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12 Feb, 2009 16:50

Bonus scandal and the bailout fraud

Bonus scandal and the bailout fraud

A banker told me he’s sick of people complaining about bonuses. And he’s sick of people blaming the banks for the financial crisis.

He says if governments just continue lending the banks cash, then the troubled assets, the toxic debt, will mature. Then the banks will just hand back the excess capital. Problem solved.

Well that just goes to show that financiers have no monopoly on understanding this financial crisis. What’s suspicious is that western politicians advance the same argument as that banker.

President Barak Obama has just announced $800 Billion to stimulate the US economy but much more, $2,500 Billion, in a new bailout for the banks. The new administration is pushing three times more cash at the banks than did President George Bush and his Treasury Secretary Hank Paulson.

At least that’s a better balance than Western Europe where stimulus plans are entirely about the banks, bar a few crumbs for car makers.

However it’s a bailout outrage, it threatens our future and it’s based on a lie. Western politicians are making populist attacks on bankers who pay themselves huge bonuses but are shovelling taxpayers’ cash into the very same banks. Yes, the bailout fraud rolls on.

The fact is, phoney bonus outrage is a convenient distraction. It saves bankers from having to own up to how much money they lost – and it saves politicians from asking if they’re fighting the wrong problem.

Bankers paid themselves hundreds of millions of dollars but they lost trillions. Most banks still do not know what their assets are worth or how much money they have lost or could lose. And western politicians aren’t asking.

In finance, a red herring is a document advertising a new security or product that hasn’t yet been approved by the authorities. In plain English it’s an argument intended to distract your attention. Funny, that.

We’re facing a crisis. Can western politicians address the facts? Here’s what I’ve learned talking to a lot of people in and around the industry.

What happened in a nutshell?

The massive expansion of credit, which facilitated the inflation of asset prices, has gone into reverse. That credit won’t come back, so asset prices in the business and consumer world are going to decline until they come into line with the credit available. This destruction of available credit is a separate and bigger issue than bank capital.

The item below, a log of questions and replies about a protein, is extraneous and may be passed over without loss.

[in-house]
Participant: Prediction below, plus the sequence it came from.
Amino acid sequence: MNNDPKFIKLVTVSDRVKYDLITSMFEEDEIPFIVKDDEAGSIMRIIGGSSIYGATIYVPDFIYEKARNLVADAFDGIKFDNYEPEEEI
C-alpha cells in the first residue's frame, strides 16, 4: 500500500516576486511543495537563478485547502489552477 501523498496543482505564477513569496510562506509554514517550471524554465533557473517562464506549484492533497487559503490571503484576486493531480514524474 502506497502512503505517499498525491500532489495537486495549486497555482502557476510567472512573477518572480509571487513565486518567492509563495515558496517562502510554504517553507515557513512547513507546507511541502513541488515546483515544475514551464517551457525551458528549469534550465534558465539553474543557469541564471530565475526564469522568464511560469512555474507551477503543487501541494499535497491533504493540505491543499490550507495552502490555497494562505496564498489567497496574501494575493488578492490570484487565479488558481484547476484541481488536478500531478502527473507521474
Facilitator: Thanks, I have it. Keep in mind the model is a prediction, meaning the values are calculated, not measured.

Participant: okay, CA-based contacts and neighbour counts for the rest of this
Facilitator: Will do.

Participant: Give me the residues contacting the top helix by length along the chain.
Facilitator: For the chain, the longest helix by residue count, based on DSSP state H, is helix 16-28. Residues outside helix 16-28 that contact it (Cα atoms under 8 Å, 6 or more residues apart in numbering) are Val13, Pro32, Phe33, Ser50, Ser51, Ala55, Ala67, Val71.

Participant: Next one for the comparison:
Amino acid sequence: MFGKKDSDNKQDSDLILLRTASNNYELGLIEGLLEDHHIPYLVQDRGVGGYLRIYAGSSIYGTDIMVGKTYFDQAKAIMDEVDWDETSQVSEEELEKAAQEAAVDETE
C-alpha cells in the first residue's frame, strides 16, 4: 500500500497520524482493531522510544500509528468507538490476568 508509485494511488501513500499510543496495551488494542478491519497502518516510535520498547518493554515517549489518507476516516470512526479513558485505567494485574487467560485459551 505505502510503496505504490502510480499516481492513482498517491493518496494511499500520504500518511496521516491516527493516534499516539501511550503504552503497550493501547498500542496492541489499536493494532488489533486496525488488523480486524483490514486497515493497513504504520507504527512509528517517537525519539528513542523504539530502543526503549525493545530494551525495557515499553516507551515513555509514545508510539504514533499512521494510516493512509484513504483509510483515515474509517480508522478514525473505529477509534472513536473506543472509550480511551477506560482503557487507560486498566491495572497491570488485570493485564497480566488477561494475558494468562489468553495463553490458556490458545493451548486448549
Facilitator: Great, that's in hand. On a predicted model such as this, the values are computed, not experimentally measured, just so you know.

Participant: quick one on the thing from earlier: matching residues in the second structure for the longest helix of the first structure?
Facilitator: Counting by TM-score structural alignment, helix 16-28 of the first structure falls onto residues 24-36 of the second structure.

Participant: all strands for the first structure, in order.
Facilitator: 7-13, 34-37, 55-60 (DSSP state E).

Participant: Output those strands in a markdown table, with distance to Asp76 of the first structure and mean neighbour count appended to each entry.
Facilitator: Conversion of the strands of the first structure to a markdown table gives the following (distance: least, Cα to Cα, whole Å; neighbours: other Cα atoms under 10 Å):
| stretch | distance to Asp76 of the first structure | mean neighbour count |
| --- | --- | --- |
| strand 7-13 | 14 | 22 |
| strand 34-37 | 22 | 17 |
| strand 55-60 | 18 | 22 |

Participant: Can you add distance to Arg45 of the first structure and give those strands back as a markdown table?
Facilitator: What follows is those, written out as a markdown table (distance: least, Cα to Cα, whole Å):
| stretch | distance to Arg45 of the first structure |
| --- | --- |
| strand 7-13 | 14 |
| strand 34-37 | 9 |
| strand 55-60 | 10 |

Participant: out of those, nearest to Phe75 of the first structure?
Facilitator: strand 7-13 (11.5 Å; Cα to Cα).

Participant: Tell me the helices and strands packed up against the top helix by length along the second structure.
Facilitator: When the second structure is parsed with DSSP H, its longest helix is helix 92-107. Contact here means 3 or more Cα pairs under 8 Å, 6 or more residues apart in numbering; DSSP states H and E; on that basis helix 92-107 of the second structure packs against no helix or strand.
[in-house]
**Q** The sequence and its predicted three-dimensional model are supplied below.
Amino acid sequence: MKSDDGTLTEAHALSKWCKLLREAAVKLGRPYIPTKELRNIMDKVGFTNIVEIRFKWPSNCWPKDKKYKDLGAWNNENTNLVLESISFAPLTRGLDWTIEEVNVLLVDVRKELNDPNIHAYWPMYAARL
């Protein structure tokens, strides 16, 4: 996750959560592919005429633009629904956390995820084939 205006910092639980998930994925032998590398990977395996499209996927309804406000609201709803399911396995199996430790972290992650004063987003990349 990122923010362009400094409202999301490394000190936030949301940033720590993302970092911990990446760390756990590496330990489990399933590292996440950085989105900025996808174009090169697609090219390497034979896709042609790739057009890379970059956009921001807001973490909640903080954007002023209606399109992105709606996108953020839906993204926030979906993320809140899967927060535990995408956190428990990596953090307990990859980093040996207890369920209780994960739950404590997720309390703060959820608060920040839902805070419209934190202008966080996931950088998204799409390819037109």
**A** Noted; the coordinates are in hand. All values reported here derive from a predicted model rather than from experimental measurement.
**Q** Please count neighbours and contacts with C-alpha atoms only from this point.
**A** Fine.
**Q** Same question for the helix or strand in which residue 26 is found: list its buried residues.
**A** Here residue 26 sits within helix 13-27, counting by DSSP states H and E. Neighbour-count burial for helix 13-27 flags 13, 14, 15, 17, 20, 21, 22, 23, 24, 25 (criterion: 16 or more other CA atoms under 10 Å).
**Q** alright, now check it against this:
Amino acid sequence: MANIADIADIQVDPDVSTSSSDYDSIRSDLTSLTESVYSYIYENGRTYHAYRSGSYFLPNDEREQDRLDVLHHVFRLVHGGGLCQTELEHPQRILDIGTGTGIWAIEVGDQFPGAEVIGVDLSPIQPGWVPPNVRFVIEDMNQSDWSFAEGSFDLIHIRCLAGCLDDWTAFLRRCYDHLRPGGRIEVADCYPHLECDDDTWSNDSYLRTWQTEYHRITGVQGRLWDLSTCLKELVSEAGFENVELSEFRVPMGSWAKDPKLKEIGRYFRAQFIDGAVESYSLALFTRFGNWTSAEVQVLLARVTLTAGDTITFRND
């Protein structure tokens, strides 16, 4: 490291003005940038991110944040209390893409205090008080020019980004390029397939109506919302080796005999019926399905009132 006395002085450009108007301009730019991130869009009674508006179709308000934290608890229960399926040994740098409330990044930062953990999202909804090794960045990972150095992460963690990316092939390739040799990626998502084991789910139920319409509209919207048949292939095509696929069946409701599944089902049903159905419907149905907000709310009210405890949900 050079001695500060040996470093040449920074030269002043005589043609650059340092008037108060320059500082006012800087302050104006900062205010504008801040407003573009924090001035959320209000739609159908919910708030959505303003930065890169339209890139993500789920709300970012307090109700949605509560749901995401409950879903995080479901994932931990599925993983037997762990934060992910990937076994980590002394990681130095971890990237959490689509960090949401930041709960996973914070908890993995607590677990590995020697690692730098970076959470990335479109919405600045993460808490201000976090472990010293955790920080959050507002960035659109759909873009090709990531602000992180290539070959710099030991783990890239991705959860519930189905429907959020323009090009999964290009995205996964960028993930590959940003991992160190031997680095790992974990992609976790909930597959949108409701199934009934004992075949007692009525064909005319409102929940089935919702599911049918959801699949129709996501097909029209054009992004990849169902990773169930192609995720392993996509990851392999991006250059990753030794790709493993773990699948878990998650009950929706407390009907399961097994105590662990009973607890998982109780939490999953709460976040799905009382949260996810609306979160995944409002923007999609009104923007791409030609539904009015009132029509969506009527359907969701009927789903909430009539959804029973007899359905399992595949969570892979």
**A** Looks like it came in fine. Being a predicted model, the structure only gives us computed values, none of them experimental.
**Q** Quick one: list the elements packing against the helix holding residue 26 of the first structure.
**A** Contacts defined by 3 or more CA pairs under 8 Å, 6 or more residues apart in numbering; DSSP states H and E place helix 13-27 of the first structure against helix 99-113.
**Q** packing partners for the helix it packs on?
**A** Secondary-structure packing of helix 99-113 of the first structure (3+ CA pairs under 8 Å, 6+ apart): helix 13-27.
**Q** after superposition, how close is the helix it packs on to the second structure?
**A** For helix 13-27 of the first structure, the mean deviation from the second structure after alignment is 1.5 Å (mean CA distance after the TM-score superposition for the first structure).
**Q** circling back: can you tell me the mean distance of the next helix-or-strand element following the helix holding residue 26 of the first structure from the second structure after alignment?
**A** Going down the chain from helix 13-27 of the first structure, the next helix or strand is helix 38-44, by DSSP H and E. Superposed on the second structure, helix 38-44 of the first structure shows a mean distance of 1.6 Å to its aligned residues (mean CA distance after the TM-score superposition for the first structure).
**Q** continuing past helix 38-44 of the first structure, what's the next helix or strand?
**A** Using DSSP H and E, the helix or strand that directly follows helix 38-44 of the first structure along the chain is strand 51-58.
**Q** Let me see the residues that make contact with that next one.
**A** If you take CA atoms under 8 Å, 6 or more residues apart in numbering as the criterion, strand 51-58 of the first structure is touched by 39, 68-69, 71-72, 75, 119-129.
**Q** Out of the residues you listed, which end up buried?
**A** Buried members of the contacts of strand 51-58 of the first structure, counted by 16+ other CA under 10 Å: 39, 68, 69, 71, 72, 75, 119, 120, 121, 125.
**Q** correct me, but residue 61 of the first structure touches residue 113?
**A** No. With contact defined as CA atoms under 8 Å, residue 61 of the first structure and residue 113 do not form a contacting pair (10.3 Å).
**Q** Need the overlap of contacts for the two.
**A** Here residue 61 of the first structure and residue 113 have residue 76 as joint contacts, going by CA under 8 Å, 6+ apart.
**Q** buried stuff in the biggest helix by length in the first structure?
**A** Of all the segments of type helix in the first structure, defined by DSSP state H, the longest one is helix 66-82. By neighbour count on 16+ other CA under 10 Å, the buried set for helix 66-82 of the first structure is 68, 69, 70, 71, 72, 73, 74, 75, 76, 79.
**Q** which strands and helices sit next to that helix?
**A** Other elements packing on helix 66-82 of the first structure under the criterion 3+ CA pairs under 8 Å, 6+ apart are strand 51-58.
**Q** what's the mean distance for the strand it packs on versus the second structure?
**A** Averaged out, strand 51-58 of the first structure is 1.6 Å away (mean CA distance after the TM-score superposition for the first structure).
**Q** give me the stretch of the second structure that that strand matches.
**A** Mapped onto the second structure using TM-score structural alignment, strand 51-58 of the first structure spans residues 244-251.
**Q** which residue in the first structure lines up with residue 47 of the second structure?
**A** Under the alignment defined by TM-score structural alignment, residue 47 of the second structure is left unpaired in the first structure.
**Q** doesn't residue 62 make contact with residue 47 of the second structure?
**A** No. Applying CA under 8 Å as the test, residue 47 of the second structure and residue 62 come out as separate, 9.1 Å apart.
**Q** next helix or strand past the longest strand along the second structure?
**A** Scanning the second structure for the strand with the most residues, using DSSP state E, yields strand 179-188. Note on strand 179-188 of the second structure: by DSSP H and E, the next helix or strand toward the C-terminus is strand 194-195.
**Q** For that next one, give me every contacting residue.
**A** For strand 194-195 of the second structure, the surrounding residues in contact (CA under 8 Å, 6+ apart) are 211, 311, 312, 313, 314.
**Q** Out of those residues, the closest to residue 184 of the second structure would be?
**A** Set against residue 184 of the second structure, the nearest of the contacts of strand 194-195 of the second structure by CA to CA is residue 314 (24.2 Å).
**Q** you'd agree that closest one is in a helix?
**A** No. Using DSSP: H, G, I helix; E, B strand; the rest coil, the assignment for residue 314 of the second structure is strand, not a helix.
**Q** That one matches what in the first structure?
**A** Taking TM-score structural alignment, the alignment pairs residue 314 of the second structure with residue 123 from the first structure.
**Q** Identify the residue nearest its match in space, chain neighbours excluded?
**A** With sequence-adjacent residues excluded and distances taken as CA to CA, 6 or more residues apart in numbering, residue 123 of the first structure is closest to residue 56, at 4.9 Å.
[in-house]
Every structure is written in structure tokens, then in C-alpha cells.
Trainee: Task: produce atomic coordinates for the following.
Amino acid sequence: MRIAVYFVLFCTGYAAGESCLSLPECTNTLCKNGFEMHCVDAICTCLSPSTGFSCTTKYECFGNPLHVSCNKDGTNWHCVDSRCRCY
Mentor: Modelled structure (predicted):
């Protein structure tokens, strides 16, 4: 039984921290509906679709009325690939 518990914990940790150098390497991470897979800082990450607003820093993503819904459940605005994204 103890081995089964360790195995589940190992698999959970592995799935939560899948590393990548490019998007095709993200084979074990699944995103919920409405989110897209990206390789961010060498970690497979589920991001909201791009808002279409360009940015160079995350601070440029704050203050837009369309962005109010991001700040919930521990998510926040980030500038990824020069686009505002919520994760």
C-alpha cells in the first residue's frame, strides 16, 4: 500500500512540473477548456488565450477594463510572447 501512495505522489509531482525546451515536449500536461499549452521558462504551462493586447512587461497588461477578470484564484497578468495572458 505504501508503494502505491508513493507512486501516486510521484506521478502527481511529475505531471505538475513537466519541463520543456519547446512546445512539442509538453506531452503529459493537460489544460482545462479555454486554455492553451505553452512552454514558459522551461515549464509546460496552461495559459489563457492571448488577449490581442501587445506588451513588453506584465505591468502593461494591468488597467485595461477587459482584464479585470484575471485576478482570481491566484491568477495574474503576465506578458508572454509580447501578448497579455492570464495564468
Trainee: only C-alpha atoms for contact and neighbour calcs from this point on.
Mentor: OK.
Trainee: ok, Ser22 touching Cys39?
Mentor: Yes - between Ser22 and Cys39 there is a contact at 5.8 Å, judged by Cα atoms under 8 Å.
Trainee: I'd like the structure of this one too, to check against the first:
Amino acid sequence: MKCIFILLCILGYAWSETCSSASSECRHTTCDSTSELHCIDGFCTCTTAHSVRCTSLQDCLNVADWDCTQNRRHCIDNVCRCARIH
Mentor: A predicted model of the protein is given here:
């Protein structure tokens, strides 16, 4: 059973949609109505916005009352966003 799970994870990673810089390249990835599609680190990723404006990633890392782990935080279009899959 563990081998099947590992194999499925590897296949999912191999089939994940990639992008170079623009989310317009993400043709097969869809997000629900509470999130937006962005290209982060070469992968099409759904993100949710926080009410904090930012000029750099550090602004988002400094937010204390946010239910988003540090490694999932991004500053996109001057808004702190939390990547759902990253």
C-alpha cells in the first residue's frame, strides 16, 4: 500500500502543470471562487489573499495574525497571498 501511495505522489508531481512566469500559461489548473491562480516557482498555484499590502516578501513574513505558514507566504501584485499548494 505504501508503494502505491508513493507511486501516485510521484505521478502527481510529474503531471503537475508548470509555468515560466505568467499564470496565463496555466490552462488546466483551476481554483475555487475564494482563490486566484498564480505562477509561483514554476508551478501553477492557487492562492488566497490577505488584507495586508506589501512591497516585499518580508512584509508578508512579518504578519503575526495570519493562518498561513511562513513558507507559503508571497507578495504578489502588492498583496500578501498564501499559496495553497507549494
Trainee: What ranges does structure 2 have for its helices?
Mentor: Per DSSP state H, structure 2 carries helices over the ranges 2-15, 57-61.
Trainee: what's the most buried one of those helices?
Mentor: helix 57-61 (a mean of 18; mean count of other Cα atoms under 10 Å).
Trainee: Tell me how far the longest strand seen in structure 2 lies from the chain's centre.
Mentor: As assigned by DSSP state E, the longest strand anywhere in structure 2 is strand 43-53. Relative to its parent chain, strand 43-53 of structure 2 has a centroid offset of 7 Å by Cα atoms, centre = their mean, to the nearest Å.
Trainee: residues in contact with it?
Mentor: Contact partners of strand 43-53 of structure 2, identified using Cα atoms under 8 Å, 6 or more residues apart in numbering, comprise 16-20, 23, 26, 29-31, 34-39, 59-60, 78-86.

Oh that it were just a matter of bank capital. Put some more money in the bank vaults, cut official interest rates, and banks will start lending again. That has been the misguided policy of governments for the past six months.

Focusing on capital, governments miss the real story: credit. The banks hugely expanded the supply of credit (which inflated home prices and other assets). Effectively the banks, not governments, were creating money.

Like a dumb ox, the US government ploughs on. In February 2009, the US government returned to the original plan of former US Treasury Secretary Hank Paulson of October 2008, to buy up assets from the banks. The plan is to stop assets falling in value, put a floor under them and hope that will repair the banks’ balance sheets. Again, governments miss the point that it was the expansion of credit-money and it’s subsequent shrinkage that pulled asset prices down.

How was it that banks, not governments, created credit and easy money?

For 10 years, every second banker I met worked in some new area of credit: syndicated loans, structured debt or fancy-named mezzanine finance. The banks created new instruments, a secondary currency, which they lent and borrowed against, and which they, the banks, were able to expand ad infinitum, for a while (joke).

What do you mean the banks created credit or a second currency?

They could have been nuts (the currency, not the bankers). In earlier millennia they were seashells. In the new millennium, they were credits based on bundles of loans, yes, the new money was credits based on credits.